TCS Daily


Lean 'n' Mean

By Melana Zyla Vickers - July 19, 2002 12:00 AM

In conflicts from Afghanistan to Kosovo to the Gulf War, there's been no mistaking the fact that the U.S. wages war more effectively than ever, with fewer soldiers than ever. It's no surprise, therefore, that the Pentagon sees the coming months as an opportunity to trim back military personnel.

Secretary of Defense Donald Rumsfeld could move as early as this fall to cut some 80,000 troops across the services, according to reports this week about plans for the 2004 budget. The main reason: Personnel and operating costs take up almost two-thirds of the Pentagon budget, which is heavily strained. By cutting back from the total 1.4 million troops, the secretary can free up the sums needed to build the weapons and capabilities that will transform the military from a force designed to fight the Soviets to one designed to bring down future, powerful adversaries.

Letting go of people, particularly patriotic, loyal people, is never pleasant, though. Nor is it popular on Capitol Hill, where politicians reflexively equate "I support a strong military" with "I support the current military" or additions to it. So as the Secretary of Defense moves to cut troops and to explain why it's safe and necessary to do so, he'll need all the support he can get.

He certainly has logic on his side. Consider the military's recent experience with:

Ground Troops: In Afghanistan, some 7,000 Special Forces soldiers, Rangers, Marines and light infantry, assisted by local fighters, have largely rolled up the Taliban and Al Qaeda forces. The Army's remaining 470,000 soldiers, meanwhile, have been left cooling their heels. This situation is doubtless frustrating for the sidelined troops, but it has prevented unnecessary casualties.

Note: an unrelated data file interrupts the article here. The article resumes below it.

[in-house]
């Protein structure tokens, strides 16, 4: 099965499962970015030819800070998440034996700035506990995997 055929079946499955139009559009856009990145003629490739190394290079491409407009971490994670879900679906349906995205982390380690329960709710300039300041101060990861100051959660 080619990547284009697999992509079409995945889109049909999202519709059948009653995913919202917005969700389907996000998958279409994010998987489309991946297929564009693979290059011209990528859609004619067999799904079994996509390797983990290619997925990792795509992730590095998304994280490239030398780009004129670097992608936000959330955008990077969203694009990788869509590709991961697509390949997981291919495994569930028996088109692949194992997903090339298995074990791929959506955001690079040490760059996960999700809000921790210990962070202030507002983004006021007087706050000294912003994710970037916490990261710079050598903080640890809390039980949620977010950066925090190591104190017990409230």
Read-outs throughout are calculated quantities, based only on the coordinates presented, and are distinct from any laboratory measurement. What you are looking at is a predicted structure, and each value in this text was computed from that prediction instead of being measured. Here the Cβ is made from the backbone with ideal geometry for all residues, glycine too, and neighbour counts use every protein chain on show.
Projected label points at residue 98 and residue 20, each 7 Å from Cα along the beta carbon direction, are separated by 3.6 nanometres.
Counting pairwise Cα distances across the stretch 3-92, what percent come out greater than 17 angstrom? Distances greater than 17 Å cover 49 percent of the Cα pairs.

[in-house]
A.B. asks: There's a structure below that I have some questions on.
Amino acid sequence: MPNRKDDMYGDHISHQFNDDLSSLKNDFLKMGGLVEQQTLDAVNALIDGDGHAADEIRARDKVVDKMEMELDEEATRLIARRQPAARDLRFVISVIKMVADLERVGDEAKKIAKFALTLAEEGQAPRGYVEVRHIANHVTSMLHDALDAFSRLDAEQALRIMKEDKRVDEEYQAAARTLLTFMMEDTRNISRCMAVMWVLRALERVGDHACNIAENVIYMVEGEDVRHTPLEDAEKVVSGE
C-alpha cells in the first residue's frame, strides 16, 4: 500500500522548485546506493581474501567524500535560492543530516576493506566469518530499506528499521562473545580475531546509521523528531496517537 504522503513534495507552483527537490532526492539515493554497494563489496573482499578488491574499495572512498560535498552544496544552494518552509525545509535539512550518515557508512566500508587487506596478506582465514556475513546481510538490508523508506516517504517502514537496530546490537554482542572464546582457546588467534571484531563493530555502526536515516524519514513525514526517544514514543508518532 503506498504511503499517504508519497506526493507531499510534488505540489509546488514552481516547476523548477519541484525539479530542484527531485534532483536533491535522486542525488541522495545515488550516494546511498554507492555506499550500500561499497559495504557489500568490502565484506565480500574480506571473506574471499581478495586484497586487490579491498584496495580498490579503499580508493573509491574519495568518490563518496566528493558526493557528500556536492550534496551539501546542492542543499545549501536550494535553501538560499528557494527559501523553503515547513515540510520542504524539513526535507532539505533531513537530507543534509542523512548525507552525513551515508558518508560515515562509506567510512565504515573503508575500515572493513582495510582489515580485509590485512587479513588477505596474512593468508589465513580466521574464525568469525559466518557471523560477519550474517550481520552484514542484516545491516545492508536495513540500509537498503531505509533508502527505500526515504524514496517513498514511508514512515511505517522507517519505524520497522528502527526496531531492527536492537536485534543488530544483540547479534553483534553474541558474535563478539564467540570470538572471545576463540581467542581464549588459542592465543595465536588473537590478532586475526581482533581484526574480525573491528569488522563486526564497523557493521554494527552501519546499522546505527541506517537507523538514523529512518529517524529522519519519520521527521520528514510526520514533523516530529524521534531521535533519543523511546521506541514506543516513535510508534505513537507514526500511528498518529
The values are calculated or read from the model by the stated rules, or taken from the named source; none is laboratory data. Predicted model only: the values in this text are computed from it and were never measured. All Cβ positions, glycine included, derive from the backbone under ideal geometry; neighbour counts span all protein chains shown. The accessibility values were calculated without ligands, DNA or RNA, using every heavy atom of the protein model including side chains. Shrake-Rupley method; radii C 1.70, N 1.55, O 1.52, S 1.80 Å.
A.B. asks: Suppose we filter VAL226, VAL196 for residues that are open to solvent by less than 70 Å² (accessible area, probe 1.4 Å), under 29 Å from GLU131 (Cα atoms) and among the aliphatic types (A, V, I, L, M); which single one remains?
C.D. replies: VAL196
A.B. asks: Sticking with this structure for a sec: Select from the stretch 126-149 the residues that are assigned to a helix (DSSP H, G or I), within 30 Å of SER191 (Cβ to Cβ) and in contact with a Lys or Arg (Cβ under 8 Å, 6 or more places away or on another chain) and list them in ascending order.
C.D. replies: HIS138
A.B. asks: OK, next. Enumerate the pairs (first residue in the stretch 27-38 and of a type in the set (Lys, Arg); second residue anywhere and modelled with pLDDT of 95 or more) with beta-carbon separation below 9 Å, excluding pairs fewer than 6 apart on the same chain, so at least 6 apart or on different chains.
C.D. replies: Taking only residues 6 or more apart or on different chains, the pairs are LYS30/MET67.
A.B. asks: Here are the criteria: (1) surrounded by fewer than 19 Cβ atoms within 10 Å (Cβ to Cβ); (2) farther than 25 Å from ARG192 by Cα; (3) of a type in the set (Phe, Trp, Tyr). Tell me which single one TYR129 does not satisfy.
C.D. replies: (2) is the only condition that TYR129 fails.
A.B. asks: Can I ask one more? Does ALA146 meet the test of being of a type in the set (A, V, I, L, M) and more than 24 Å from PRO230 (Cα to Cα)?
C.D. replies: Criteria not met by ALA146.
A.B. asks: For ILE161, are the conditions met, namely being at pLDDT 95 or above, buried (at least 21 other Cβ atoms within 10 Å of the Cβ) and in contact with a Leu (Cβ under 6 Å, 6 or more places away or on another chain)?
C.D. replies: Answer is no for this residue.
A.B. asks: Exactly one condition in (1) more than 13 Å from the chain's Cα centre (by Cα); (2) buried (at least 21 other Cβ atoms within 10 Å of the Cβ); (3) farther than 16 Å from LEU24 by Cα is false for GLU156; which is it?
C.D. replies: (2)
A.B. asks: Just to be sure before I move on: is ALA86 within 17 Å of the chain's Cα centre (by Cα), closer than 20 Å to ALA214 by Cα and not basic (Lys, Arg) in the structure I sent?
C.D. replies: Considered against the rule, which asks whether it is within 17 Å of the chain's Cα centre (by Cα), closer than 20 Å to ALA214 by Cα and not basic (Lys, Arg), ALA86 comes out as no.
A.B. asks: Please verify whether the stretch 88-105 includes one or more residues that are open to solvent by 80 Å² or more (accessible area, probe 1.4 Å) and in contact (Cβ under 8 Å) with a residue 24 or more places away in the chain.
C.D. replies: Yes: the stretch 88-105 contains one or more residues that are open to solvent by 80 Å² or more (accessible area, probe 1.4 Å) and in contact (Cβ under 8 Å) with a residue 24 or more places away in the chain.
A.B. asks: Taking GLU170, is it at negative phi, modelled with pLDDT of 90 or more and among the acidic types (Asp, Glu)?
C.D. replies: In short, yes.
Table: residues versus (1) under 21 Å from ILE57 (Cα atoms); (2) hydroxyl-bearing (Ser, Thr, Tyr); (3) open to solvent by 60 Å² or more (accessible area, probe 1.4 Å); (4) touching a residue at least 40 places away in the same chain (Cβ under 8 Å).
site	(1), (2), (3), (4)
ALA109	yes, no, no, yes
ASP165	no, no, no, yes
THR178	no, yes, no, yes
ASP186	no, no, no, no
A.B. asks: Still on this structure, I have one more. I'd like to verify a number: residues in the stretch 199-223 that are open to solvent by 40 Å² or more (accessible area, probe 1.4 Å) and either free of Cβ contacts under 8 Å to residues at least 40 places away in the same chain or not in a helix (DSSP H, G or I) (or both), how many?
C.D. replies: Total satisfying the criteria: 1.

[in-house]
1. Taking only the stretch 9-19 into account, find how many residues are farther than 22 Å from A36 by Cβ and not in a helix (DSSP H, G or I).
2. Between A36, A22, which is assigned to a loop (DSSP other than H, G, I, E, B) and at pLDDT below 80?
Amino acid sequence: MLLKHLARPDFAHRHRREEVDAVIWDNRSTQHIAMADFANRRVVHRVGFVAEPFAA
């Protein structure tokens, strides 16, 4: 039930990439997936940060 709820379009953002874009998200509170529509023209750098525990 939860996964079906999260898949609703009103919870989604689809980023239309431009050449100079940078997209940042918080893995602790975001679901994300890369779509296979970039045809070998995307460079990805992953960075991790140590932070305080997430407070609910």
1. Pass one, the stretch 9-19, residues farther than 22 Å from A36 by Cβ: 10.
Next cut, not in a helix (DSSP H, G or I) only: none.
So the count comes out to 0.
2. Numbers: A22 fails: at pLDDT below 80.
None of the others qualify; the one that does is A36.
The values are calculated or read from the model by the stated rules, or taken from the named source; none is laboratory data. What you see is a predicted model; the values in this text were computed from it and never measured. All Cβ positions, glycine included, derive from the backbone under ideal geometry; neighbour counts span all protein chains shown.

Air Force: In Afghanistan, thanks to bombers that can carry a greater number of more precise munitions, U.S. war planners have had to depend on fewer flights by pilots over enemy territory than ever before. The Afghan war saw about 90-100 combat sorties per day at the height of the war, compared with 700-800 per day in Kosovo and 1000 per day in the Gulf War. While it's true that there have been fewer targets to strike in Afghanistan, that fact doesn't come close to explaining the change. It's driven by the last decade's improvements in the precision of munitions. Some 60% of munitions that planners used in Afghanistan were precision-guided, compared with some 35% in Kosovo and 7% in the Gulf War. Bombers, which exceed fighters in the number of munitions they can carry, improved the personnel-savings further: Bombers flew only 10% of the sorties in Afghanistan, yet struck 70% of the targets.

Navy: Since the beginning of the budget season that coincided with the Afghanistan war, the Navy has moved to perform one of its central missions - firing cruise missiles from the sea to targets deep inland - with far fewer sailors. It is reconfiguring Trident submarines so that they will be able to carry the Tomahawks, with the following savings in personnel: A Trident sub with some 150 sailors can perform 70% of the missile-firing job of a carrier battle group, which comprises 7,000 sailors.